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NARRAGANSETT – The town council recently approved three voter initiative petitions bearing a number of resident signatures that will now appear as referenda on the November ballot. The initiatives concern policy around sale of town property, the addition of a voter recall mechanism and the fate of the controversial public library project in the Pier Marketplace.

Voter initiative, a process outlined in Narragansett law, allows the electorate the same legislative powers of the town council. When an initiative is introduced, it first must be accepted as valid by the council, receive a required number of signatures equal to 12 percent of the total voters in the previous election and then again be approved by council vote to appear on the ballot of the next election.

The town council, in both of its votes on an initiative, is not addressing the content of the proposal being put forward in a political context, but rather determining if the petition violates state or federal law. The second council vote, which the body undertook Monday night in a virtual meeting, merely addresses whether or not a given petition has completed all of the necessary steps to appear on the ballot for the electorate to decide on. Accordingly, while town councilors may disagree with a petition’s content, they must approve the initiative if it meets all the requirements.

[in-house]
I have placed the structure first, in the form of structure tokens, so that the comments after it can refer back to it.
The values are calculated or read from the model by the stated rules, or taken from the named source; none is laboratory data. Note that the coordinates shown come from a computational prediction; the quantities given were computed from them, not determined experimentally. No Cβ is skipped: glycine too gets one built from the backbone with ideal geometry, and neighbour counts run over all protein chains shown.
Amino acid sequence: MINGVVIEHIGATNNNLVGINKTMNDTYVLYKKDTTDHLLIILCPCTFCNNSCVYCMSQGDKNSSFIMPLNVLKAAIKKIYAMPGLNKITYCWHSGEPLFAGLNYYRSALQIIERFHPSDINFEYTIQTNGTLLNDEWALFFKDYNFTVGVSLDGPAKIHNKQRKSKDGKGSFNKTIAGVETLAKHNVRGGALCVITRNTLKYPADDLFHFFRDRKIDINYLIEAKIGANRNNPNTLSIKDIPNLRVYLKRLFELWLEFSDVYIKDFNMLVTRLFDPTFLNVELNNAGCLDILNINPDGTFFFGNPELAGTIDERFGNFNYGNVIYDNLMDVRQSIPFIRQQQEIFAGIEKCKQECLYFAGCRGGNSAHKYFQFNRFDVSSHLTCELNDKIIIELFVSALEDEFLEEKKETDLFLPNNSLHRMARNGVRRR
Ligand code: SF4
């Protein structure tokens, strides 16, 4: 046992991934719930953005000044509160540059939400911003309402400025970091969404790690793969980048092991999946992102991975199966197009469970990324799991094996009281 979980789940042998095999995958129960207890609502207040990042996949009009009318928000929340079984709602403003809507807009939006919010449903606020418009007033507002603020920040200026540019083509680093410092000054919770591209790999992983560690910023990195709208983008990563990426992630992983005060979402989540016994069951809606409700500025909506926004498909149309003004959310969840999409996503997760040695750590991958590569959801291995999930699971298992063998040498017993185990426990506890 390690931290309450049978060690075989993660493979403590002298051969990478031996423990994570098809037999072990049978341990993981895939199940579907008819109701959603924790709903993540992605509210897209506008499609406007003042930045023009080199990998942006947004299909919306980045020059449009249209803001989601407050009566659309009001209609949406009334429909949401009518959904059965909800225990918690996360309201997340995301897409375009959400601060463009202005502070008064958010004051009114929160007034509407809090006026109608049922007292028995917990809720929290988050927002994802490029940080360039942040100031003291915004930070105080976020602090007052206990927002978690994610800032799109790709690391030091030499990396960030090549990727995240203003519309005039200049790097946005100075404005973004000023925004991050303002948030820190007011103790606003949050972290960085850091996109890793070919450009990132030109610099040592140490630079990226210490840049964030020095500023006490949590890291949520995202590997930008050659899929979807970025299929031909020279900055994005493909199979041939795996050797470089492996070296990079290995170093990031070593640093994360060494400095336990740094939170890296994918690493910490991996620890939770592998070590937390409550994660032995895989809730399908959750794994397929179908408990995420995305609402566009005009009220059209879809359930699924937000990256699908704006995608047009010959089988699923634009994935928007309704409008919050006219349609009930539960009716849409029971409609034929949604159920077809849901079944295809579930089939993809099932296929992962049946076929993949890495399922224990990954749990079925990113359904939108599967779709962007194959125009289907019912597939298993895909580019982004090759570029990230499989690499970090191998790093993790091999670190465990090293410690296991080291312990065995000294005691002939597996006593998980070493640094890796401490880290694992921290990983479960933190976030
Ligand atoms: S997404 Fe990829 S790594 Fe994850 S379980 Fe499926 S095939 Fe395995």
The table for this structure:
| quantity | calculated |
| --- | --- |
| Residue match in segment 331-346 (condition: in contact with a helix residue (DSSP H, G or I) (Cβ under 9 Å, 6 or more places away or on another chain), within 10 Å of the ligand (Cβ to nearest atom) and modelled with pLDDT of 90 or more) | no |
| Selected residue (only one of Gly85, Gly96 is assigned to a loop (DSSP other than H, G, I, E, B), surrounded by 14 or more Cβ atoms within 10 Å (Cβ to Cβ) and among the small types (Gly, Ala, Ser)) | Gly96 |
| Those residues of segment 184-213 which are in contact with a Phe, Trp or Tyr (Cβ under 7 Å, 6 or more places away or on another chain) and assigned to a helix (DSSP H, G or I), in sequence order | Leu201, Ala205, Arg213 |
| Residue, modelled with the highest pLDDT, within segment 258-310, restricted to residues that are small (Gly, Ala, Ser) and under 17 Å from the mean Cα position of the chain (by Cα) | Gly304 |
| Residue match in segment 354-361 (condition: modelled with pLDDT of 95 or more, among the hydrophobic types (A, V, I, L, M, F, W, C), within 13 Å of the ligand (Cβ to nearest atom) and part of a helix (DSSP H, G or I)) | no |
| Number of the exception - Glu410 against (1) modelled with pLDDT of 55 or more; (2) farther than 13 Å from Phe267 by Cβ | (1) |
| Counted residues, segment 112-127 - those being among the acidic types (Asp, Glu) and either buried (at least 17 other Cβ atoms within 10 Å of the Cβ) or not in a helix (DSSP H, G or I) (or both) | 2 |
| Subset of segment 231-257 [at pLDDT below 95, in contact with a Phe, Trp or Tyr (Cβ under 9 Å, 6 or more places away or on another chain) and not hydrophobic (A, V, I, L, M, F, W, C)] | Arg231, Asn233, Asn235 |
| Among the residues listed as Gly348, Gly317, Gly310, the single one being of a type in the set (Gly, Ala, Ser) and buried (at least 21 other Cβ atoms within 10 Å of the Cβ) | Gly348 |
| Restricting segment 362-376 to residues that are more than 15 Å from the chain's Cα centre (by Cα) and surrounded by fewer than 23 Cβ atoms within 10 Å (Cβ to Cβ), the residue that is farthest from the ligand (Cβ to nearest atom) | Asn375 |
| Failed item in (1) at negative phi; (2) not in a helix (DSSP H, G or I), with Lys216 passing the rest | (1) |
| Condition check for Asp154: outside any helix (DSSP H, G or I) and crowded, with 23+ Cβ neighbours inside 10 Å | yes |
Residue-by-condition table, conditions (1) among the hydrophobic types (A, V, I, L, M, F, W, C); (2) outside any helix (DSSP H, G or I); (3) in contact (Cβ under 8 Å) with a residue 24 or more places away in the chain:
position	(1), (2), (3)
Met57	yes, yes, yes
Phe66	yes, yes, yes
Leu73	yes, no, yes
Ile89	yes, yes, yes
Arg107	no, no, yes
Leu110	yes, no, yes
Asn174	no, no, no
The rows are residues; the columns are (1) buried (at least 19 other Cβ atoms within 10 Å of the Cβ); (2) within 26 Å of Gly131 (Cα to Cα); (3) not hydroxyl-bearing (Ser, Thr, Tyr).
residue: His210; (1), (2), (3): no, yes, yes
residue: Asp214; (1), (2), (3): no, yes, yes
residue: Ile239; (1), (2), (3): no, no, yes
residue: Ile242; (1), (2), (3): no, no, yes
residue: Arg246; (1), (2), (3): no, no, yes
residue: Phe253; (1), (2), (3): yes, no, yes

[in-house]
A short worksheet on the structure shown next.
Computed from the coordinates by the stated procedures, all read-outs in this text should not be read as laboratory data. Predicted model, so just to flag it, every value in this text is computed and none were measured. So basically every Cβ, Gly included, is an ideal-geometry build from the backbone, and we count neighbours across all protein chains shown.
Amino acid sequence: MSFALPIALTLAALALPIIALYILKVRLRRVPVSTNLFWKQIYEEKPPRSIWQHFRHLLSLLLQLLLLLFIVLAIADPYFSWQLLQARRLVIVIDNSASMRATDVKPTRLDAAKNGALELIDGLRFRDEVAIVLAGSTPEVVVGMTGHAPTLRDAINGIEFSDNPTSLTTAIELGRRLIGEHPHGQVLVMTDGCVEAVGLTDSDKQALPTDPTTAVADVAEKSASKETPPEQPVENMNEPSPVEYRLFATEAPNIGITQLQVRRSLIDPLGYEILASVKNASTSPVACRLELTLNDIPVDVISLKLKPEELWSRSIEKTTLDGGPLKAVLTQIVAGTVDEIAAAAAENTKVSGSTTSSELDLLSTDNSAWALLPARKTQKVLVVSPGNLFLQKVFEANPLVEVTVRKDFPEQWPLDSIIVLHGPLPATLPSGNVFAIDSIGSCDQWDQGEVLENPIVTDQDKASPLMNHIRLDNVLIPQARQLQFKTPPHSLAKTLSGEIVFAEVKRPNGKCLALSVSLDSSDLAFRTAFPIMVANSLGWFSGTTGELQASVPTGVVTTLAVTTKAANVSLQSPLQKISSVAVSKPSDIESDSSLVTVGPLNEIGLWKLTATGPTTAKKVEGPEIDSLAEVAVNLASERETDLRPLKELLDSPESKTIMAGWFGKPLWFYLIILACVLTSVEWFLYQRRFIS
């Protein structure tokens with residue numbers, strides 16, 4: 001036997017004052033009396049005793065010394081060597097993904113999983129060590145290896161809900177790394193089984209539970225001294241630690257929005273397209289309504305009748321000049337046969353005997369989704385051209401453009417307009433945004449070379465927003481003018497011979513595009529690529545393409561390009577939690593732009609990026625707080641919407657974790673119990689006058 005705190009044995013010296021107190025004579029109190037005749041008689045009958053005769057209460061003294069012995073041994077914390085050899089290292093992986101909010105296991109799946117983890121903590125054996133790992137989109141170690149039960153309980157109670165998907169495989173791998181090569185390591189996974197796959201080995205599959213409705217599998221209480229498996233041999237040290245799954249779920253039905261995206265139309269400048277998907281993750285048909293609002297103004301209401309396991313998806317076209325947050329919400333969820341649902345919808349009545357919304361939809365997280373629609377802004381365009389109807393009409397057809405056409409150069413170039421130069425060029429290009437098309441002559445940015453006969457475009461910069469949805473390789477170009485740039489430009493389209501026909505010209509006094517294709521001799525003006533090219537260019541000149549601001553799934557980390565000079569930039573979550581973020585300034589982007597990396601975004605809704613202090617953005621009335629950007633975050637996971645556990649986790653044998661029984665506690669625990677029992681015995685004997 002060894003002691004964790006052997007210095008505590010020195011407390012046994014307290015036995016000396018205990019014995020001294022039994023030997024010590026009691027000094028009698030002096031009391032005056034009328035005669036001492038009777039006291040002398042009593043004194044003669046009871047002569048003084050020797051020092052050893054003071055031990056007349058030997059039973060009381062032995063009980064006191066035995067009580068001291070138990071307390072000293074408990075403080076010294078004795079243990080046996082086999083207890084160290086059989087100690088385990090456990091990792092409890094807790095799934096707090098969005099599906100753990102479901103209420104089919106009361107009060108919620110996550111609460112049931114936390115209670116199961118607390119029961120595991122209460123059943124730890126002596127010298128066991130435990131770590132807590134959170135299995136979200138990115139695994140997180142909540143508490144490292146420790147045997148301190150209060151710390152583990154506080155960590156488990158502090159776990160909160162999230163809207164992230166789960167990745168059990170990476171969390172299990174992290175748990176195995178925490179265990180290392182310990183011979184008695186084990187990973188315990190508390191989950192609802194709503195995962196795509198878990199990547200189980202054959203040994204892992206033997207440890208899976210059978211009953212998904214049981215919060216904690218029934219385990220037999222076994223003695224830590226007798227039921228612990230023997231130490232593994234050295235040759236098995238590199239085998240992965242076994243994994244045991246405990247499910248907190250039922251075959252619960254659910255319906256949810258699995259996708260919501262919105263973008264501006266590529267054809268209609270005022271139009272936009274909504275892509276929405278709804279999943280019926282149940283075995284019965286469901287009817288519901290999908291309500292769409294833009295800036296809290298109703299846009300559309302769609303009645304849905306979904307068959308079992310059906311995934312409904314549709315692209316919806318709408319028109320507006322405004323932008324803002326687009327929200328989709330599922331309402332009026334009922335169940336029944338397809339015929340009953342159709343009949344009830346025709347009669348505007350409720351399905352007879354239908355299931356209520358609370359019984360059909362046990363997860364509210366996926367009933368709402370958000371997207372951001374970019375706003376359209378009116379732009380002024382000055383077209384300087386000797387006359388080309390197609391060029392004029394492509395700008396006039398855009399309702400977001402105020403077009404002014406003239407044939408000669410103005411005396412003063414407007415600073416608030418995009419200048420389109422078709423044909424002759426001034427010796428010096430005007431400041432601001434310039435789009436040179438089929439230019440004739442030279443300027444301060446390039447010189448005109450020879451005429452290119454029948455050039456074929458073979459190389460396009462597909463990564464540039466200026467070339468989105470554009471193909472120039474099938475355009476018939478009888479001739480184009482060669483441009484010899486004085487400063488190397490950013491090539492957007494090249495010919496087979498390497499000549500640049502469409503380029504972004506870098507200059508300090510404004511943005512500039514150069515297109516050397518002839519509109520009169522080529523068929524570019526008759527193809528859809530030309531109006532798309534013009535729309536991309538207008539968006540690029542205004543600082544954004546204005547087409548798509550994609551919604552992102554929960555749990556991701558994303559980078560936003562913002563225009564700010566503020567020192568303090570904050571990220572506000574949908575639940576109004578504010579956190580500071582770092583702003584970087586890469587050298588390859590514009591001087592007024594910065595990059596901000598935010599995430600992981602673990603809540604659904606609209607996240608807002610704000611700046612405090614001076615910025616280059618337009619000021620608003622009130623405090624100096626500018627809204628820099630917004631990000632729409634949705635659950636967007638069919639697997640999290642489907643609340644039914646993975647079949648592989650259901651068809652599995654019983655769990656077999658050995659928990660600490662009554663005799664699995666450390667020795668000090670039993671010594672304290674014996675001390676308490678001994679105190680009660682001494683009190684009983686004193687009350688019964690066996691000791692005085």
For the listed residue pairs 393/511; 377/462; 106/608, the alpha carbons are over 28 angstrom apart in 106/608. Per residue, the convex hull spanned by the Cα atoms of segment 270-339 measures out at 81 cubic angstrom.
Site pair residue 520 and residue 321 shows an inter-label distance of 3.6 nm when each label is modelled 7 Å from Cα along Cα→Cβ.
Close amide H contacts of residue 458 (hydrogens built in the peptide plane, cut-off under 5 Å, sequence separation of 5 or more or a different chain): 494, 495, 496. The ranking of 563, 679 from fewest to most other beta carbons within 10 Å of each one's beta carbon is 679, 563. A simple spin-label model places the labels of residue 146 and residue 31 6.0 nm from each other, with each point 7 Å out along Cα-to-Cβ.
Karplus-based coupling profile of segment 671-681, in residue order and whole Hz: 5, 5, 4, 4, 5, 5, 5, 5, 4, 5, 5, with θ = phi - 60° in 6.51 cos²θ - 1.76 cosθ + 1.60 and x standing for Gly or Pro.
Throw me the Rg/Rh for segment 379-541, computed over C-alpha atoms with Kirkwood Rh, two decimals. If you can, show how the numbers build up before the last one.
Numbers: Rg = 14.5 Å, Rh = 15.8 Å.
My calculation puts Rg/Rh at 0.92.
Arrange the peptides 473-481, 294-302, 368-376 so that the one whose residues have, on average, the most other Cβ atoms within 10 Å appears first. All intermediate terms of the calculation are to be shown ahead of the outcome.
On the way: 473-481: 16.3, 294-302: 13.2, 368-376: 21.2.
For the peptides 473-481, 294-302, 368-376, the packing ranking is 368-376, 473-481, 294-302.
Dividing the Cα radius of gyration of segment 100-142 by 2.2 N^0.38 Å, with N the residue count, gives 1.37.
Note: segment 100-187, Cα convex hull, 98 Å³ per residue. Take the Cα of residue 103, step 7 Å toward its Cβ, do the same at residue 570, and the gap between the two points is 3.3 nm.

“Tonight, before you is really a formality to put those [initiatives on the ballot],” Narragansett Town Solicitor Mark Davis explained to the council and public Monday. “They have all the requirements and as such should be placed on the ballot in November.”

The first initiative considered by the council, if approved in November, would amend the Town Charter to create legislation that would prevent the town from selling property without a referendum at the next scheduled election. The petition, submitted to the town last year by 2020 town council candidate and Democratic Town Committee Chair Win Hames, was certified by the council in April 2019 and received over 1,200 signatures, which the board of canvassers validated in September 2019. 856 signatures were required to move the petition forward.

While not explicitly mentioning the town’s library project in the pier, the proposal from Hames is evocative of a local controversy that has dominated this town council’s term. After the 2016 election saw 68 percent of Narragansett voters approve a $5.8 million bond referendum for a new public library, the previous town council, in the month before the 2018 election, purchased the approximate 18,500-square-foot former Belmont Marketplace/IGA building in the Pier Marketplace, along with the approximate 3,000-square-foot adjoined building currently occupied by Pier Liquors and a number of parking spaces from Gilbane, Inc. for $2.8 million. However, a majority elected to the council in 2018 consisting of council president Matthew Mannix, president pro tem Jill Lawler and councilor Richard Lema has opposed the project, citing financial and logistical concerns with the library buildout in the location, as well as pointing to the fact that the 2016 ballot question did not specify the former Belmont building as the site for the new library. The council majority has since effectively halted the project while attempting and failing to find a buyer for the property.

On Monday, Lema took issue with Hames’ proposal, noting the town regularly sells off vehicles and other minor items and requiring a vote at a regularly scheduled election on such matters would be costly to the town and delay revenue. Davis, while again mentioning the council must approve the initiative since it met all requirements, seconded the contention.